Libraries, Games, and Writing

Last week I had the pleasure of addressing the Colorado Academic Library Consortium‘s Academic Summit in Denver, Colorado. I nearly didn’t make it, though, because there was a terrible tornado just north of Denver that struck down that night. JetBlue held me at JFK for a while so with the time difference and delays, I was a wee bit tired. But I’ve got to say that it’s truly energizing to hear from folks working in and around academic libraries. I’ve said it before: librarians and information science scholars have got their fingers on the pulse of technology-related services on college campuses.

The goal of the talk was to introduce the audience to some of the current research on videogames’ usefulness for learning. I also wanted to help them think about how learning has changed, how we now think differently about literacy, and what the implications are for post-secondary university settings. The video of the talk will be posted eventually but for now feel free to take a look at my slides, which are available here. I have also posted several resources on my del.icio.us page with the tag “calc08.”

I’m here in Boston this week working on several things, not the least of which is preparing for the media literacy meeting I’ll be attending next week in Austin, Texas. But before I go to Texas I’ll be heading to New York for the Games for Change festival, which is always good times. I won’t be speaking there (however Jim and Henry are giving keynotes), but I’m thrilled to just be there as a participant. It’ll give me a chance to learn some new things while reconnecting with friends and colleagues working on games-related projects in the area.

Also, I was sorry to miss the Computers and Writing conference last week, which was apparently good times! But I’ll be there next year (fingers crossed) and by then we will have established a more focused effort in games research as it grows in composition studies. Thanks to Doug Eyman, Annette Vee, Rik Hunter, Jamie Bono, Zach Waggoner, Corey Mead, and many other up-and-comers, I think this will be the year for setting the standard in games-and-comp/rhet. We will be working together to establish initiatives in the area, so stay tuned.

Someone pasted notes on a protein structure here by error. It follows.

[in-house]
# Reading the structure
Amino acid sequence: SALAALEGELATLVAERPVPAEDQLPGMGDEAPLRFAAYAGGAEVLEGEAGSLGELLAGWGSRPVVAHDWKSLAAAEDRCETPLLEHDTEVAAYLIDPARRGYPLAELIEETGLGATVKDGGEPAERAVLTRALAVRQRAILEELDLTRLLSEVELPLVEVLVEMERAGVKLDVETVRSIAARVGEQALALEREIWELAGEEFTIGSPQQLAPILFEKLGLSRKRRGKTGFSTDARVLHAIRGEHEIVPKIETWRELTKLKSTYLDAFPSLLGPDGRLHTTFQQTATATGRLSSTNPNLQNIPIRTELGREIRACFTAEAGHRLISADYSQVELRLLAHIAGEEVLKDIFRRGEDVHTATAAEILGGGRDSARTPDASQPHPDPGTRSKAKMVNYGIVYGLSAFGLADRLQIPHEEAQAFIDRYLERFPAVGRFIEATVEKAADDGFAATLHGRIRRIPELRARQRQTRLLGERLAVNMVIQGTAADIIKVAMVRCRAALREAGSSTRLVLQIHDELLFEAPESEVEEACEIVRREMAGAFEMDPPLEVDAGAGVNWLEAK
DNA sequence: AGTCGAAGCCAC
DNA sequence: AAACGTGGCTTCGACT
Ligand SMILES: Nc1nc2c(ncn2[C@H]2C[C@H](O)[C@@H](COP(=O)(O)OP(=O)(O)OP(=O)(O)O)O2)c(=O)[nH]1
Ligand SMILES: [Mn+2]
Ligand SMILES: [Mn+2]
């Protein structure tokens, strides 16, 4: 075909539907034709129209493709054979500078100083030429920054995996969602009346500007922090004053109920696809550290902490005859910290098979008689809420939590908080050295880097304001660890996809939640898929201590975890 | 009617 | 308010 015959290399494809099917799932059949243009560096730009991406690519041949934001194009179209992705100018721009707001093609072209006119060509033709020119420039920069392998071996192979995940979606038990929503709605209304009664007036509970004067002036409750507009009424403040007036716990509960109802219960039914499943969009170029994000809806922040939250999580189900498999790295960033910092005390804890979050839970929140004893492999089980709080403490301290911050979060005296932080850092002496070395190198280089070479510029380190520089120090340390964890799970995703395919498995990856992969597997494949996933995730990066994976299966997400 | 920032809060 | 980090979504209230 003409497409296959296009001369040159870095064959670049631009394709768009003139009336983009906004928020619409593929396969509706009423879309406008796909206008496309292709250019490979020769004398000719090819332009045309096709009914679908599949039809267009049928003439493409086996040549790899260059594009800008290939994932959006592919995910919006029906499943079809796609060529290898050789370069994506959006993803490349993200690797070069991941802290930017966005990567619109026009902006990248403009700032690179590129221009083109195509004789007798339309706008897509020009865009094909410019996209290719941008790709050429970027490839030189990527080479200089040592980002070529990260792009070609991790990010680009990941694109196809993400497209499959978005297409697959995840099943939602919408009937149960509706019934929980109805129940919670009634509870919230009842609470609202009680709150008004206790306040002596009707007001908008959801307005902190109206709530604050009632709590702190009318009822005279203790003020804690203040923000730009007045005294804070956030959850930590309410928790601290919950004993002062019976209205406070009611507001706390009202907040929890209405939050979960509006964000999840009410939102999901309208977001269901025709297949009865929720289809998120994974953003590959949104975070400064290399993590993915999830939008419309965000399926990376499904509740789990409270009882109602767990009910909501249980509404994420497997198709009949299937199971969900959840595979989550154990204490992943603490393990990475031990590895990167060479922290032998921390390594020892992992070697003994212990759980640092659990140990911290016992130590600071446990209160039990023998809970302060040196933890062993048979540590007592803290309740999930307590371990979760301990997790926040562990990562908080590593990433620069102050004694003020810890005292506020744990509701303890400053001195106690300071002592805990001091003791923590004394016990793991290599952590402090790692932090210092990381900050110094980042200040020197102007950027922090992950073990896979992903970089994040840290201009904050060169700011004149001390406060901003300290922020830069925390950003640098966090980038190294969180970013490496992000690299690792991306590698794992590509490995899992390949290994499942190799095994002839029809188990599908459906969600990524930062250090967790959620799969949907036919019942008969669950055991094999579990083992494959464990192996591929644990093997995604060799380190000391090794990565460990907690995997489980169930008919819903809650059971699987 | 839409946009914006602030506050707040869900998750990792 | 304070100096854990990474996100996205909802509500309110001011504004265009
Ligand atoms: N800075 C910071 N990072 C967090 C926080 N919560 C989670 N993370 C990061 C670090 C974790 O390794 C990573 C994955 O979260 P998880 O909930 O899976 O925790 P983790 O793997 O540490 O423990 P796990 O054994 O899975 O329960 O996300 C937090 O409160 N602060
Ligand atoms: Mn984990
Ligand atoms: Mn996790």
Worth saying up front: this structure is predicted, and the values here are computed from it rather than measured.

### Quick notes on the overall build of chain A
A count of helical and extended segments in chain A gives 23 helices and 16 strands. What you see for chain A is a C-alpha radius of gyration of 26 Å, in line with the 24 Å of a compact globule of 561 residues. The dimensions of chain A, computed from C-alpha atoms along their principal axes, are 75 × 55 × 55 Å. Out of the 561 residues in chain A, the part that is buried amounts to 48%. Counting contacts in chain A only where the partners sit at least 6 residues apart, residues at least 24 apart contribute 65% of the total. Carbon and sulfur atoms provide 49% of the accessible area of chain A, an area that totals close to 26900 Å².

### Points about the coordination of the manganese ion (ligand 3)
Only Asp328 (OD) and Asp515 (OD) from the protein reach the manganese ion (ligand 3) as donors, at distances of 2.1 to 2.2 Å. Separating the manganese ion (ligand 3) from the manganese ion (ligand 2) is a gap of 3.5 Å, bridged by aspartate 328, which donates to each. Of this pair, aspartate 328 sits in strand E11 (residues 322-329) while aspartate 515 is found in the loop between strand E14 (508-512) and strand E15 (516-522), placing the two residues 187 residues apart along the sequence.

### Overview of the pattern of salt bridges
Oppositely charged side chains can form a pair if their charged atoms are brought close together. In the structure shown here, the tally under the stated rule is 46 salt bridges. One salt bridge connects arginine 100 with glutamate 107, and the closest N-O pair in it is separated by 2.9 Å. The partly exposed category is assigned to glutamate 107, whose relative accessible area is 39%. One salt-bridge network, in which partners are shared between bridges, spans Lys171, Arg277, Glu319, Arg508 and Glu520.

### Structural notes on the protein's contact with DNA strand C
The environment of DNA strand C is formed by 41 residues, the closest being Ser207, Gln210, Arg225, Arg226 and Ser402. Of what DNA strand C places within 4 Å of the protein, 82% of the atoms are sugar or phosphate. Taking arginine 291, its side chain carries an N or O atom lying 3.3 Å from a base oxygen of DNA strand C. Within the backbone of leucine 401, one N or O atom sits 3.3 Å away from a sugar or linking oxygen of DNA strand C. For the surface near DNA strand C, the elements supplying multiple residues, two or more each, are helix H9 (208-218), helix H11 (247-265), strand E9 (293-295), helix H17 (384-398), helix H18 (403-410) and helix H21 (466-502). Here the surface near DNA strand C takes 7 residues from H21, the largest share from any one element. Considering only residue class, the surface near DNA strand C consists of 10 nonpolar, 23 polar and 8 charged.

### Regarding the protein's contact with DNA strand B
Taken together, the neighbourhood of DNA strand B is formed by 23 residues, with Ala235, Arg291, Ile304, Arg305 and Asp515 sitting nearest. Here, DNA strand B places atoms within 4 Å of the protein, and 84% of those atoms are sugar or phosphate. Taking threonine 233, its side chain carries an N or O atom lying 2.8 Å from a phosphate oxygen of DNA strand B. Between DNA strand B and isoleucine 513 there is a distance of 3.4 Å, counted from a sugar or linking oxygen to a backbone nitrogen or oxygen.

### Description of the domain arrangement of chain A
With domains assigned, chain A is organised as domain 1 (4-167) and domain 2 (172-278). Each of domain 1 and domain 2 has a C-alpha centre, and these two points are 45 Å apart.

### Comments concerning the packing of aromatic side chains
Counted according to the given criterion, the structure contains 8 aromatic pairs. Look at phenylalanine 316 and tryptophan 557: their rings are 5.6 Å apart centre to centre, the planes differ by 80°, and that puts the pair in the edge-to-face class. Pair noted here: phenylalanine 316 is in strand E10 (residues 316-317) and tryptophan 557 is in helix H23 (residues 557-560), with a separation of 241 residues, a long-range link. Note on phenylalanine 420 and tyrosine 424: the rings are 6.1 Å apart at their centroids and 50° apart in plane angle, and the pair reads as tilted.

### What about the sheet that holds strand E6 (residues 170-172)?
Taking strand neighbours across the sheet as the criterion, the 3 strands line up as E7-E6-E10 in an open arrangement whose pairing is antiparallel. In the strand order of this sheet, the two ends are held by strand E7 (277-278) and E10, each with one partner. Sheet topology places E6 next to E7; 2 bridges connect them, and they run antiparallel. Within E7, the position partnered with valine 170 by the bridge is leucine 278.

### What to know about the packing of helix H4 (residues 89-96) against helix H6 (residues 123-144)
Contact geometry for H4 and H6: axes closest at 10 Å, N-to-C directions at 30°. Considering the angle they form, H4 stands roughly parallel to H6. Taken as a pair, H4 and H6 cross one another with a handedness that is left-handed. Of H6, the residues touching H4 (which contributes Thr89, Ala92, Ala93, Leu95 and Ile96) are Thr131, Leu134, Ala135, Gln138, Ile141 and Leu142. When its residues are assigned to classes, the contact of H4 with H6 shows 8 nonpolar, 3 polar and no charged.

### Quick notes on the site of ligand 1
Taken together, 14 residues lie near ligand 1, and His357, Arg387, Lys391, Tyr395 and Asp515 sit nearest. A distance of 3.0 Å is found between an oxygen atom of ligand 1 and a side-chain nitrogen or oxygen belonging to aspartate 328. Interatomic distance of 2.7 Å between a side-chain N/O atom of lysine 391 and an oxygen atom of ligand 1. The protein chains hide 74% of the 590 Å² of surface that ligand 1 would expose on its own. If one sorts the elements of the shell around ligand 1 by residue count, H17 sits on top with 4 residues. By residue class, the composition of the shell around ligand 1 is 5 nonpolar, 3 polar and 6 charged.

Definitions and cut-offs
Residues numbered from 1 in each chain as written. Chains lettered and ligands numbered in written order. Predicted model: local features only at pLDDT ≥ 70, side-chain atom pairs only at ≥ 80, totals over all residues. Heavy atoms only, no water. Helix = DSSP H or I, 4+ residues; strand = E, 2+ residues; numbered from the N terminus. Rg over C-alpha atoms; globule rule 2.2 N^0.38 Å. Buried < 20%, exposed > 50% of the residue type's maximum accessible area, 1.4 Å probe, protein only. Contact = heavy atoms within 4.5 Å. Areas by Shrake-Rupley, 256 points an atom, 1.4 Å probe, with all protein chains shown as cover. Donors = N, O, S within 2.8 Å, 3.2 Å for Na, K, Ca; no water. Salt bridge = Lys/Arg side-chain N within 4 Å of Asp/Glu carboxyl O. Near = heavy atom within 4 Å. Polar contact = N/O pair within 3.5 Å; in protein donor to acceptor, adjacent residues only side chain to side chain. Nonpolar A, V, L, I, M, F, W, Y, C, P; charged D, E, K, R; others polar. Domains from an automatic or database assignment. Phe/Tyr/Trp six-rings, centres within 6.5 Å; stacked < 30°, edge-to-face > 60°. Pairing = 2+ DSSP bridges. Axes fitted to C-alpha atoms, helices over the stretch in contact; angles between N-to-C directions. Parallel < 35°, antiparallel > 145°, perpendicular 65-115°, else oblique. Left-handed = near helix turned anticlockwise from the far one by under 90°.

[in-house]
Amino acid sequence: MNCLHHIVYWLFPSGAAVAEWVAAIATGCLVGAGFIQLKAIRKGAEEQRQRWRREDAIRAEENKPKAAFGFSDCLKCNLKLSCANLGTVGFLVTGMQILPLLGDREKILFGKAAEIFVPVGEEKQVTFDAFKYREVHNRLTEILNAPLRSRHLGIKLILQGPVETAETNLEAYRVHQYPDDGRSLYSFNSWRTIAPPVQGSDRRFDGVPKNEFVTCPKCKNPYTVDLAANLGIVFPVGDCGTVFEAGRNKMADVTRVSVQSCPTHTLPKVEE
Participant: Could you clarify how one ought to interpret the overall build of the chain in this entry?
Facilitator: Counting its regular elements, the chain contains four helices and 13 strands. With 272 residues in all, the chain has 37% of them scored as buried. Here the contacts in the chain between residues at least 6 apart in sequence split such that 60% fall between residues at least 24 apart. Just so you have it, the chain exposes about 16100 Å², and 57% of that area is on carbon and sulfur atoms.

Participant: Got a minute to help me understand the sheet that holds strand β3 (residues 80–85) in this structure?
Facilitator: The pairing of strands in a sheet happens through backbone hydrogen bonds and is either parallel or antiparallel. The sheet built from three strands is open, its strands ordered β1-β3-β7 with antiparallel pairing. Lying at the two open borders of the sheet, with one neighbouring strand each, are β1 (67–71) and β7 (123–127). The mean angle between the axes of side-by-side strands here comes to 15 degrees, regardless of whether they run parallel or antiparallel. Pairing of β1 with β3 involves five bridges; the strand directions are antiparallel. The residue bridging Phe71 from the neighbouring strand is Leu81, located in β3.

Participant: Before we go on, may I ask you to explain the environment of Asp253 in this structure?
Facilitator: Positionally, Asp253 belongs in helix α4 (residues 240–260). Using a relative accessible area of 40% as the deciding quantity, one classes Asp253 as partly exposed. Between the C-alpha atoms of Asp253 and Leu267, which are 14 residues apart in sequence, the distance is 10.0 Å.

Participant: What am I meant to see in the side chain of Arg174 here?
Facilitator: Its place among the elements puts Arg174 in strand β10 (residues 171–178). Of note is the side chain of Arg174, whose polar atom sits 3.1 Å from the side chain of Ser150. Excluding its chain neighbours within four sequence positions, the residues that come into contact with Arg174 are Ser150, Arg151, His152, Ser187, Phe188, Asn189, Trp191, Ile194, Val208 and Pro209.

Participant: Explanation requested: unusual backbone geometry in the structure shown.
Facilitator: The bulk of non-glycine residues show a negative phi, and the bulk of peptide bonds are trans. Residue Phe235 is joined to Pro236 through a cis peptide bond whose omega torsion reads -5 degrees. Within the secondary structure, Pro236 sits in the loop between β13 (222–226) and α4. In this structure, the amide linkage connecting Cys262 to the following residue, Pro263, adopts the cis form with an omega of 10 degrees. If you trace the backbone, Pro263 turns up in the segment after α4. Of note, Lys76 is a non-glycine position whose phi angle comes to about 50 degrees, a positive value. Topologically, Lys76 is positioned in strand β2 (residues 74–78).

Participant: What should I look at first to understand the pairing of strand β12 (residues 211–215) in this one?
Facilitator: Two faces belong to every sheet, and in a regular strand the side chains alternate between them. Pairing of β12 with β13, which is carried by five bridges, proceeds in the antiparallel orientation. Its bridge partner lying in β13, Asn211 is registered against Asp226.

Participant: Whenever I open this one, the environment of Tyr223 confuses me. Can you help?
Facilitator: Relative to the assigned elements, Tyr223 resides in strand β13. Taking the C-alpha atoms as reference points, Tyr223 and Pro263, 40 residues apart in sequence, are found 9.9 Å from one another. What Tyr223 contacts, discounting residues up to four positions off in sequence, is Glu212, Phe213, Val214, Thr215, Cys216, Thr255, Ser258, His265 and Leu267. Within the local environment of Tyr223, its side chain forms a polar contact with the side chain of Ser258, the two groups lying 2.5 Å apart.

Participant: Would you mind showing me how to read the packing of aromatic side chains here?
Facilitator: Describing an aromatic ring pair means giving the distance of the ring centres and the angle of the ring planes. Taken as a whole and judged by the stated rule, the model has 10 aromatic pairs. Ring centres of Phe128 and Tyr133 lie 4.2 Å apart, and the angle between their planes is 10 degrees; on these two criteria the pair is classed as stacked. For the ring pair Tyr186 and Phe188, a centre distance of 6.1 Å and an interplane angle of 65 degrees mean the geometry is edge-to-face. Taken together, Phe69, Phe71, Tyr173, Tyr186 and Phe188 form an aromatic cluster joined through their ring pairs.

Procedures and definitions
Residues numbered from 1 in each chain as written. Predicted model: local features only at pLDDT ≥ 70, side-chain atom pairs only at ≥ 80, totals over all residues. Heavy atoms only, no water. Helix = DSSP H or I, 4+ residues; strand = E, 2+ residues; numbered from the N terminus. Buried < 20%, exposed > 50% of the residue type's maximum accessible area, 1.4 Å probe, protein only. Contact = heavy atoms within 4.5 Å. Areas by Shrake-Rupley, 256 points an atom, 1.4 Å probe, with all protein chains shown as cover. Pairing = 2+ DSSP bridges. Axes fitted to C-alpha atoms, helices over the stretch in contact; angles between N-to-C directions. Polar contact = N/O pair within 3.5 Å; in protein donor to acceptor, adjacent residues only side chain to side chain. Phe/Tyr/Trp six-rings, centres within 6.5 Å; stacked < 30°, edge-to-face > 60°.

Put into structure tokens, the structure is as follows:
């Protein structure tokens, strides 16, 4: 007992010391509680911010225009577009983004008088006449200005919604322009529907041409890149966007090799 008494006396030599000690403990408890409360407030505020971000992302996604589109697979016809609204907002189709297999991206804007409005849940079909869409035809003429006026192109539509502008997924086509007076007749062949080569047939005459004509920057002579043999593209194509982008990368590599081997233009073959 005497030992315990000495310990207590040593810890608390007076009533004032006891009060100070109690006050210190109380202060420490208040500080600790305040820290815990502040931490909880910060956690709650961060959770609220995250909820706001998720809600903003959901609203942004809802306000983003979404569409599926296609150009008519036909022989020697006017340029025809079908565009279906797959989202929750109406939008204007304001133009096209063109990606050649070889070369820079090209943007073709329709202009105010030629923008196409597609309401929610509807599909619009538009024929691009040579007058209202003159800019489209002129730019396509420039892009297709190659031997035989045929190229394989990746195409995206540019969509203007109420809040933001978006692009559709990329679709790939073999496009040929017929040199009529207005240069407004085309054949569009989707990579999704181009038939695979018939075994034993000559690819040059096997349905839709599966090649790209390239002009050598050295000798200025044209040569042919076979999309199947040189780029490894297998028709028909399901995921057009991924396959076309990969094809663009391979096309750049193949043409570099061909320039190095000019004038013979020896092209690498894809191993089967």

3 responses to “Libraries, Games, and Writing

  1. You’re coming to C&W09 next year? Yay! It’s at Davis, and I’m on the (working furiously) organizing committee. Just a short flight from Phoenix, and you can pay a visit to all the Bay Area folks while you are here (90 minutes away–just took the kids to Golden Gate Park this weekend, actually).

    Definitely definitely submit at least one paper/panel on games and literacies, game design as composition, and all that good stuff you’re doing. Maybe even a Town Hall panel on this topic, which would definitely go with the theme. Let me know.

  2. yup, i’ll be in the bay area much more frequently i think. i have a lot of family there too. but yes, if you wanna talk about a panel for next year, that would be great!

  3. Hi Alice,

    Not sure if you’ve read Liz’s other C&W gaming post or not, but you might like to check it out: http://virtualpolitik.blogspot.com/2008/05/game-day.html

    On that panel, I did a bit of talking about serious games, design documents, procedural rhetoric, and the WPA outcomes statement… and the messy intersection between all of that stuff. 🙂 Liz and Matt had great presentations that, I think, hold some important implications for the gaming-composition relationship.

    Hope to see (and meet) you at C&W next year! I’m gonna try to make it too.

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